When Jimi turned Dead once again, I finally recognized the thread and thanked my lucky stars that I had reached out to the gracious Ross James. Segueing into “New Minglewood Blues”, the night rolled on. The crowd finally filled in and dancing room finally became standing room only as the band just added arrow after arrow to the setlist, transitioning from “Little Wing” to “Ramble On Rose” to “Voodoo Child”. The foxiest of “Foxy Lady(s)” led to a firestorm of amazement shifting into “Scarlet Begonias” then through “Fire” and “Third Stone From the Sun” before closing the run with Scarlet’s standard pairing “Fire On the Mountain”. Taking a breath and thanking the crowd again, the band introduced themselves and the name of this latest collaboration as Jimi’s Dead, an obviously appropriate title. “The Wind Cries Mary” shifted into an upbeat “They Love Each Other” and the band continued to show no signs of fatigue even though we were inching closer to the dawn. To close the set, and what a set it was, Krasno led the room through “Hey Joe” eventually throttling up into “Help On The Way”. Koford handled vocal duties on this one and the subsequent “Slipknot” that followed was well worth the price of admission alone. “Slipknot” finally gave way to “Manic Depression” and at its close, the band brought everyone in to sing along on “Franklin’s Tower”. Thanking Knew Conscious and the patrons who were willing to stay up all night, the band rewarded those left standing with a “Purple Haze / Turn on Your Lovelight” double encore that filled the room with energy and light from the inside out.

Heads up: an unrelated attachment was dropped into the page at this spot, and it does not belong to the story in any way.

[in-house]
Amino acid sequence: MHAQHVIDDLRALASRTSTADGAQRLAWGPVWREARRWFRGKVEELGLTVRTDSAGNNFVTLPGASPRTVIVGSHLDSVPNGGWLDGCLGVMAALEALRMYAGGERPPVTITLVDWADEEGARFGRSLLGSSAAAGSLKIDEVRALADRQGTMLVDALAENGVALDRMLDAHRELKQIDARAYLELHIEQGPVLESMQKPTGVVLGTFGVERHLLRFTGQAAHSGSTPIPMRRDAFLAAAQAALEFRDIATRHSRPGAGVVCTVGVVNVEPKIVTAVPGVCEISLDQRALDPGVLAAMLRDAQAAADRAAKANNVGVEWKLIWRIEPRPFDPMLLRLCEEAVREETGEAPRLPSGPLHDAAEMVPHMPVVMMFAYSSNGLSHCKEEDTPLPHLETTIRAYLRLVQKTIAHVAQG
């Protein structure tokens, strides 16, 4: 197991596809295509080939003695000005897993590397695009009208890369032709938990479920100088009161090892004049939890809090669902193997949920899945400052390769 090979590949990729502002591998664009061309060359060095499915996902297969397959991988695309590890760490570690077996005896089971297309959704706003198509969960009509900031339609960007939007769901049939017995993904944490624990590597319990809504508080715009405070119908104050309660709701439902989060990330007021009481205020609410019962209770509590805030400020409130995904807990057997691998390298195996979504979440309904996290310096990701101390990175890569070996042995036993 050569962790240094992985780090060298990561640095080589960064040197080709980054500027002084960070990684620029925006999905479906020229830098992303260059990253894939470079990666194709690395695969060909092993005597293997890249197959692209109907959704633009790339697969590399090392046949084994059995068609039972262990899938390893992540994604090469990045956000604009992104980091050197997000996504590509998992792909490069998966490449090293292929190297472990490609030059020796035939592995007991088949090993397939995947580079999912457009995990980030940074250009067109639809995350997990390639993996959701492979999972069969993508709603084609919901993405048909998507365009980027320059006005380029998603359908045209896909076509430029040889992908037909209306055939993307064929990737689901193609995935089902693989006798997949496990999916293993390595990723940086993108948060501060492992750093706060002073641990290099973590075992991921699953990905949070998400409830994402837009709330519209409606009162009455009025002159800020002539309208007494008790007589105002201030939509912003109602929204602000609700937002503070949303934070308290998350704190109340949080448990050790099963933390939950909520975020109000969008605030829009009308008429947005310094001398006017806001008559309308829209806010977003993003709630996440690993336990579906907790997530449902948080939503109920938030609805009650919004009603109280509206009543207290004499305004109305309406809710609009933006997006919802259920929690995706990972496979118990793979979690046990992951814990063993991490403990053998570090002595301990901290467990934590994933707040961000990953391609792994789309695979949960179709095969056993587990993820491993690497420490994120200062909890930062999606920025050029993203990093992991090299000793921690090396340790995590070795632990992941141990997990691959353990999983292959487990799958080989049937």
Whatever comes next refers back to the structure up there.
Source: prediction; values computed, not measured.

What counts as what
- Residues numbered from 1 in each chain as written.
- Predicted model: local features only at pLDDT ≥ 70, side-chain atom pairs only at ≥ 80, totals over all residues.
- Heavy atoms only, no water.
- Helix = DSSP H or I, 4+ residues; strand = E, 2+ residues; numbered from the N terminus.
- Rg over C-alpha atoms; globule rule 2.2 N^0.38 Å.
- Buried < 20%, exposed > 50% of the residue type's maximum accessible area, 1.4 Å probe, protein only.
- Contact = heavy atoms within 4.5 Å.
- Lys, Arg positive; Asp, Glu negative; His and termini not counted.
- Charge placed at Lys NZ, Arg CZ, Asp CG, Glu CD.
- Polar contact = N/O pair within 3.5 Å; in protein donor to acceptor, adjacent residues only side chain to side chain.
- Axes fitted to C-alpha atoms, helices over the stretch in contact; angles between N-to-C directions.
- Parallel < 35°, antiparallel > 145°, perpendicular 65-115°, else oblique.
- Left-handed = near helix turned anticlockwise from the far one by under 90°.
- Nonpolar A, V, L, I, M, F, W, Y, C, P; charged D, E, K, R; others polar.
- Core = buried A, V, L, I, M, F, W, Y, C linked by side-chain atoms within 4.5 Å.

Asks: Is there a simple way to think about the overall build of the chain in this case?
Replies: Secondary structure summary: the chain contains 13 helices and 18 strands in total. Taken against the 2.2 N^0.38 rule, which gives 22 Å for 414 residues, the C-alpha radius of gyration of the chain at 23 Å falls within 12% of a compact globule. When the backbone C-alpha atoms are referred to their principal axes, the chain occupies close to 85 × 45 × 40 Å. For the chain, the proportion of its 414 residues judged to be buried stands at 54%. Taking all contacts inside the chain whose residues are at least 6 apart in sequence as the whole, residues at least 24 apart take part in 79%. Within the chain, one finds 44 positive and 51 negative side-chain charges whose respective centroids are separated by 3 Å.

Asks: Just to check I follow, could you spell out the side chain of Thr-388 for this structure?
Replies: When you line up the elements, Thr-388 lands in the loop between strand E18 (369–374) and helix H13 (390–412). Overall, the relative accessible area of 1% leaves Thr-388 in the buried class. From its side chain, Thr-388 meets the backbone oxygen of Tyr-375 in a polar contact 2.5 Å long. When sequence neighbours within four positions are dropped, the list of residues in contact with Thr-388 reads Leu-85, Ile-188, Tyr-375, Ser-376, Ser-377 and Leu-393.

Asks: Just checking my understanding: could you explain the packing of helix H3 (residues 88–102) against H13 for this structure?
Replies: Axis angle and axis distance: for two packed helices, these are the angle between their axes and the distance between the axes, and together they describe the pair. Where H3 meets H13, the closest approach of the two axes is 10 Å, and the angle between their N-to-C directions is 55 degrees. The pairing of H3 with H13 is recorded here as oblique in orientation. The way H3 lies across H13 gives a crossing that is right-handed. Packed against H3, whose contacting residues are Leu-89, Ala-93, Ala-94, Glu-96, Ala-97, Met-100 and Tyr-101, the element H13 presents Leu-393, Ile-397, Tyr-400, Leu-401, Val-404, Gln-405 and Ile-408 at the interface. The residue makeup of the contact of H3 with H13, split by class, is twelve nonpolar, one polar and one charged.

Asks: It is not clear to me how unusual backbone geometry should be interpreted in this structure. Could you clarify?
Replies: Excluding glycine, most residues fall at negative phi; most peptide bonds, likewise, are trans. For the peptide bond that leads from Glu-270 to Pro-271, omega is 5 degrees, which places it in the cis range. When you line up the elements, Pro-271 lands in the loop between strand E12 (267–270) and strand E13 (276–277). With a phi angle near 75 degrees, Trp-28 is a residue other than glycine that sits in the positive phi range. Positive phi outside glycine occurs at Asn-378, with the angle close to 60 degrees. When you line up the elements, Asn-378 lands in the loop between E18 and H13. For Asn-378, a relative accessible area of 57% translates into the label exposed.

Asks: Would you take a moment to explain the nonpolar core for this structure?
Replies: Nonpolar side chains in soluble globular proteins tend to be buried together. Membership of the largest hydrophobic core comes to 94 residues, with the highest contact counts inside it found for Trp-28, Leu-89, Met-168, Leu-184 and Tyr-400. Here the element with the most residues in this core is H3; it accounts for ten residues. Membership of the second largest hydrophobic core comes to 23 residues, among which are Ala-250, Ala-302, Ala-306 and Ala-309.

Walking past the curtain to the green room one last time, my face exhausted with joy, I turned to the three wise men and thanked them one by one for the new year gift given. Finally ready to rest, I made my way through the hall, out into the winter morning, and drove home, realizing that this night was only day one of the next 365, and that 2023 was already off to a great start.